Even with the arrival of a new year, a Midwest megachurch with a 125,000 square foot facility that foreclosed back in September is still on the market.
First Family Church of Overland Park, Kan., once the megachurch for Pastor Jerry Johnson, was foreclosed in September of 2011, yet still has not been sold to any prospective buyer.
“There’s been some activity on it, with interest both inside the community and outside the community,” said Craig Kelly, a listing agent for the real estate company Cassidy Turley, in an interview with the Kansas City Star.
“I think it will find a use that’s either similar to the prior use or has something to do with education or recreation.”
Neither Pastor Jerry Johnson nor Craig Kelly of Cassidy Turley could be reached for comment by press time.
First Family Church was headed by Pastor Jerry Johnson, an influential evangelical preacher who was ordained as a minister in the 1970s at age 17.
Initially an itinerant evangelist, in 1996 Johnson established First Family Church in the Performing Arts Center of a Kansas high school.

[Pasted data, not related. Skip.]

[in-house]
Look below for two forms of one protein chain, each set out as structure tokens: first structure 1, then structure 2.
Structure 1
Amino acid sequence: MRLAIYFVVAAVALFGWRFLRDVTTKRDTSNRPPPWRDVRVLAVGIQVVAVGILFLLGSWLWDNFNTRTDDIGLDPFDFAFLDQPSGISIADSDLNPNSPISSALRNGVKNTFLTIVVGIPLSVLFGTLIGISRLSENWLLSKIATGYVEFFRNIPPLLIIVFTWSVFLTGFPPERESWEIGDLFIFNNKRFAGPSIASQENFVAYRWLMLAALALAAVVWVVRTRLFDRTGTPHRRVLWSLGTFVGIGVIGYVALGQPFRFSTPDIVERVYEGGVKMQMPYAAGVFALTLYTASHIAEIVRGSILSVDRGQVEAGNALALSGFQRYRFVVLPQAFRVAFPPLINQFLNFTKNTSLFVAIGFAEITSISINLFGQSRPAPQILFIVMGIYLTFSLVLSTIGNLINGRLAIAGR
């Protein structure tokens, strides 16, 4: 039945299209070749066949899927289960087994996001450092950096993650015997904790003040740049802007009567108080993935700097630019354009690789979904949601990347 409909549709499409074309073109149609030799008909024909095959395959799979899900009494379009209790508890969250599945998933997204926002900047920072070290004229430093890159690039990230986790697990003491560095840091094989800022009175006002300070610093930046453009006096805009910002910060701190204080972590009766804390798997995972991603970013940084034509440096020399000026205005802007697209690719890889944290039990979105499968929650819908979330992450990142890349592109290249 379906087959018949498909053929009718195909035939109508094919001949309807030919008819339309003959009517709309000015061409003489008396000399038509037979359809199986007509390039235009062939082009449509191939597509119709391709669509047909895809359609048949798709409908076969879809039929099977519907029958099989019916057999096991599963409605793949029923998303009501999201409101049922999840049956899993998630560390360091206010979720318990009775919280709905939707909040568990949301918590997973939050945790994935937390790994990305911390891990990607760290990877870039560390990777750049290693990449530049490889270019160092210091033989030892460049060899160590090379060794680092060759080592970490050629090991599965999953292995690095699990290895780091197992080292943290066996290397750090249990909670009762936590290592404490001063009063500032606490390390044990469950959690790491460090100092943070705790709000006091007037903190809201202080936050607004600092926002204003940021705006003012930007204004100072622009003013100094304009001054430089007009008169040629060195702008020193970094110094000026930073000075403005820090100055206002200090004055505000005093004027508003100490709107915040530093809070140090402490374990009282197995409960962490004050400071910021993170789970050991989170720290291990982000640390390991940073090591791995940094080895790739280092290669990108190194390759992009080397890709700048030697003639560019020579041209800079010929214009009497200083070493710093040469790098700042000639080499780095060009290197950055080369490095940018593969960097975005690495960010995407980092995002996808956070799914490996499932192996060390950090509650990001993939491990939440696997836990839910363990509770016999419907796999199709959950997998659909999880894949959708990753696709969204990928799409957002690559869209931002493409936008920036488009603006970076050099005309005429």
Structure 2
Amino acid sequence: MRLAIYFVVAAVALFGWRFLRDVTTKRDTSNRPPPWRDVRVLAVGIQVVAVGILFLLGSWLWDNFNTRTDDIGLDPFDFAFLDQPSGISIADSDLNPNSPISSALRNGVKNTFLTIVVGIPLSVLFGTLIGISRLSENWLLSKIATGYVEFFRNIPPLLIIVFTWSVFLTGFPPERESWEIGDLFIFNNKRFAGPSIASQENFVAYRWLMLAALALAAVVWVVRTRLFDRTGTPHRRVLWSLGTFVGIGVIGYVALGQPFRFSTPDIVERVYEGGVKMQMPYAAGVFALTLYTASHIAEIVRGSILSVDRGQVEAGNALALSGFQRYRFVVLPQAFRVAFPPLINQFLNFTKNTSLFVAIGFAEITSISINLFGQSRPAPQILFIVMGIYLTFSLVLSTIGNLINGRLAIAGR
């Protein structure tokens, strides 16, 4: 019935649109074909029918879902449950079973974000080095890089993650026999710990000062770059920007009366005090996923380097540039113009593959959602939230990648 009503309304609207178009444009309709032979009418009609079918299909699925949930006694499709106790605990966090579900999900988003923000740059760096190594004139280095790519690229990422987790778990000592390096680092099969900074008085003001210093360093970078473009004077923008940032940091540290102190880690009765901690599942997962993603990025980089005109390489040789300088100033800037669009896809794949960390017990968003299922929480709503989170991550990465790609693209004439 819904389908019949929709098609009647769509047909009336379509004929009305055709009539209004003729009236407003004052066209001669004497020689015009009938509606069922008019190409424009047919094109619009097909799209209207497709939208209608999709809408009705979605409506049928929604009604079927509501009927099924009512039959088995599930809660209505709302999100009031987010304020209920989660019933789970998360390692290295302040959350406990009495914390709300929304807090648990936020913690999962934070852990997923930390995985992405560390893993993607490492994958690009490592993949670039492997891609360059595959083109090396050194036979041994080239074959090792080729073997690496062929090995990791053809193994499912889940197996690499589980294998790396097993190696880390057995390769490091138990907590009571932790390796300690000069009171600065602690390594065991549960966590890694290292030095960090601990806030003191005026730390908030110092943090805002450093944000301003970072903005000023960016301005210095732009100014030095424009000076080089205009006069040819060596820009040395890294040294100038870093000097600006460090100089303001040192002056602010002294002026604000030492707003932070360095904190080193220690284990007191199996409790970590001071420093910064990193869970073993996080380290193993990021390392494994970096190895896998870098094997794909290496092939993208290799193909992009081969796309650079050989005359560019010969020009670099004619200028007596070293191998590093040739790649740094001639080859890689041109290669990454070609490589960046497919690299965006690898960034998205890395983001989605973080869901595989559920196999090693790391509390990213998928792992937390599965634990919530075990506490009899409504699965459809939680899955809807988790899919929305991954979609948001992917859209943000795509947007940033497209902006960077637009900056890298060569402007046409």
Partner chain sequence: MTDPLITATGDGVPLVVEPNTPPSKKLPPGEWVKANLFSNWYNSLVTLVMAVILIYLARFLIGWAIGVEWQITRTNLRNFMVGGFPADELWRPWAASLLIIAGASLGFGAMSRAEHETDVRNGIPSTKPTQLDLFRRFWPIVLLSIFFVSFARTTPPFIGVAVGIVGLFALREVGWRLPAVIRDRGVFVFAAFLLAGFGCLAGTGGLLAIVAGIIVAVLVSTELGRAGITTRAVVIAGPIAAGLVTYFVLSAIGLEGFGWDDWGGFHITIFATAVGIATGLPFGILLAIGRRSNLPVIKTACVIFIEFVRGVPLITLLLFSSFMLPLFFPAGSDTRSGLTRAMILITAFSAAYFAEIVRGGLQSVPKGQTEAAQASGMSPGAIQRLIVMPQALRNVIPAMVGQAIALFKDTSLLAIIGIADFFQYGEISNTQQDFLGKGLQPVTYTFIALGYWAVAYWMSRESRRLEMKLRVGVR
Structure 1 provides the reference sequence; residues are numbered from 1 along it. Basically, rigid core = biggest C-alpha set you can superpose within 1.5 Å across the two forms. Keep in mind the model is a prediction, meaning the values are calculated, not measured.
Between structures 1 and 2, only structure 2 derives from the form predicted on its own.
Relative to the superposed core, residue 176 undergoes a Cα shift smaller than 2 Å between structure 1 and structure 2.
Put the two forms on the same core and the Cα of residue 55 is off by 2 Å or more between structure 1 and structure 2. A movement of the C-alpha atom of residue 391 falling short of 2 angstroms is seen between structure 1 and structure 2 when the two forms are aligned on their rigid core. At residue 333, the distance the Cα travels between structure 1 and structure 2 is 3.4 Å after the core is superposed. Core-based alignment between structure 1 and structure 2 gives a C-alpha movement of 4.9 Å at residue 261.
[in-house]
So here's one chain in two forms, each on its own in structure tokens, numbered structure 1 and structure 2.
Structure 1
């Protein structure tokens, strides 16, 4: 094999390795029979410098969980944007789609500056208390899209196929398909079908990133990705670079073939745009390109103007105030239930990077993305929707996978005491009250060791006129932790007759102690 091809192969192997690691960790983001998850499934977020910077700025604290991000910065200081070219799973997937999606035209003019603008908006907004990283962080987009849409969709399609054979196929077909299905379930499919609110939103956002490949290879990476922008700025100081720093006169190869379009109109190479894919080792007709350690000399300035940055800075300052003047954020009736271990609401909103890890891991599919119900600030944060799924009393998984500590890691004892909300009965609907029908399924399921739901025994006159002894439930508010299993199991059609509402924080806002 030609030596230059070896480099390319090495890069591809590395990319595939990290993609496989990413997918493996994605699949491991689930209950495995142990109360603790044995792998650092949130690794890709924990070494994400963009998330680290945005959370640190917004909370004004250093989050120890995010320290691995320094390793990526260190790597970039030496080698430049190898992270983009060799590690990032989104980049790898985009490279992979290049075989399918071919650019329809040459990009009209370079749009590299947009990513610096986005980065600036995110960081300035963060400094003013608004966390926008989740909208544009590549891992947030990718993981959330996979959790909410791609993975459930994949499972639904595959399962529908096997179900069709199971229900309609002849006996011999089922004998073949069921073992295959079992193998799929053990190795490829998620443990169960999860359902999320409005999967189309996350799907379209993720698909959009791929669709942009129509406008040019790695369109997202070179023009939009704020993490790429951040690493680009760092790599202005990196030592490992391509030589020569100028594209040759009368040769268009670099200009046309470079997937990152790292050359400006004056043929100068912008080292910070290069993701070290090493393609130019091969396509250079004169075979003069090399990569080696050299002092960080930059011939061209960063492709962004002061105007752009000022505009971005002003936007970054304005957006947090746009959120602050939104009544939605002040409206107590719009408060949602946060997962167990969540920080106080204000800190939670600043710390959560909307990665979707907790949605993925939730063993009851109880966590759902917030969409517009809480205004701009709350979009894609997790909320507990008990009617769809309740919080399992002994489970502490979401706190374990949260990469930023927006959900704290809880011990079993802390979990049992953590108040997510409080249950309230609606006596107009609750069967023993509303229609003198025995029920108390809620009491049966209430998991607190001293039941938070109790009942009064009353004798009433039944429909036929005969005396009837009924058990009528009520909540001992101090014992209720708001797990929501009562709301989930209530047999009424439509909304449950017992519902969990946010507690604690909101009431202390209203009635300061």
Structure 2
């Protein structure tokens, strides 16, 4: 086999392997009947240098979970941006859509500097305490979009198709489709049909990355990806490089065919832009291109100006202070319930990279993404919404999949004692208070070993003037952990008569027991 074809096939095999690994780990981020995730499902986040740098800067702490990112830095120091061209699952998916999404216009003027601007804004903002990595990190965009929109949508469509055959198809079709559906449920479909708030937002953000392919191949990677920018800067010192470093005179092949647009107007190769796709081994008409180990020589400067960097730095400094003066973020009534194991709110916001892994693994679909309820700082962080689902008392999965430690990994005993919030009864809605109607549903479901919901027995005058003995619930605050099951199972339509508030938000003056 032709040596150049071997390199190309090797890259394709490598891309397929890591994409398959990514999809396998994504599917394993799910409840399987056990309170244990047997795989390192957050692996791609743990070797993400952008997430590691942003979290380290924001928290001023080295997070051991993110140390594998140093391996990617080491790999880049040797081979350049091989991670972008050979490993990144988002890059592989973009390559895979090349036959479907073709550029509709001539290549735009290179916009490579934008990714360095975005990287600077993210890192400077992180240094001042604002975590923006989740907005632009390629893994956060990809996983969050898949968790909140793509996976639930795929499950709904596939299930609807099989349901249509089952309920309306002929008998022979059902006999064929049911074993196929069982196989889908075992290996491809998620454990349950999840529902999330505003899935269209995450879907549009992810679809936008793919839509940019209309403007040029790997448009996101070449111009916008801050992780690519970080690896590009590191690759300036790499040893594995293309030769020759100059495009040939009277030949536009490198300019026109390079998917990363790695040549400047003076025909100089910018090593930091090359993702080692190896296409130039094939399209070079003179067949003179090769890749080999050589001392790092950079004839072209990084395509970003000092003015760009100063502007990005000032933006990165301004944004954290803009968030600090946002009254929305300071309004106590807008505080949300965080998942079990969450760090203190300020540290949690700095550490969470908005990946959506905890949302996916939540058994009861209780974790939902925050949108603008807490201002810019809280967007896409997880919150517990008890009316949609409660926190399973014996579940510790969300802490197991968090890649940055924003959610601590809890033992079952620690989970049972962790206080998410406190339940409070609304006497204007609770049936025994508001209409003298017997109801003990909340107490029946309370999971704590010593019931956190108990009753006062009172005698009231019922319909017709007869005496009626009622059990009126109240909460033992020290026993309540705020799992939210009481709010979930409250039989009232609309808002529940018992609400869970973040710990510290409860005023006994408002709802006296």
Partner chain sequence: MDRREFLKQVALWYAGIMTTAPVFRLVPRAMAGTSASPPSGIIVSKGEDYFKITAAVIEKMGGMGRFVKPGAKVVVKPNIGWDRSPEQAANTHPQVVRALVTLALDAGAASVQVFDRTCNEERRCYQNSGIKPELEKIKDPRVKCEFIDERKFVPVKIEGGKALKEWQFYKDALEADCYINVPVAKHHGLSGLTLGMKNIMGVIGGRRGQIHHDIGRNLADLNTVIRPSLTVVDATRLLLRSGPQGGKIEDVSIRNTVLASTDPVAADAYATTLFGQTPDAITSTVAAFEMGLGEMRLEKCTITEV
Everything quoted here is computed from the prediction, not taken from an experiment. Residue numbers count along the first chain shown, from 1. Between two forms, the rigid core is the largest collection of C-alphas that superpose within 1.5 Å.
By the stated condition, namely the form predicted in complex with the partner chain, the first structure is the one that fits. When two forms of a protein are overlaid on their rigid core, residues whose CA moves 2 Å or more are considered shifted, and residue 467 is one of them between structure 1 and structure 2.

Johnson’s First Family congregation at one time topped 4,000 members, but due to various internal issues regarding money, employment nepotism, and alleged corruption, it dwindled to a few hundred. Eventually, lacking the funds to pay off a mortgage, First Family had to close its doors in September of last year.
Undaunted by the loss, Johnson soon founded a new church, New Day Church Kansas City, which meets at a high school auditorium in Olathe, Kan.
First Family is not the only once prominent megachurch finding itself being sold off. In Southern California, the Crystal Cathedral also recently found itself in financial disarray.
Eventually in November of 2011, the Cathedral, founded by the Rev. Robert H. Schuller, was purchased by the Roman Catholic Diocese of Orange County.
Another megachurch, Bishop Eddie Long’s New Birth Missionary Baptist Church, recently had to close its kindergarten through 12th grade Christian Academy over what it said was a mixture of decreased donations and enrollment.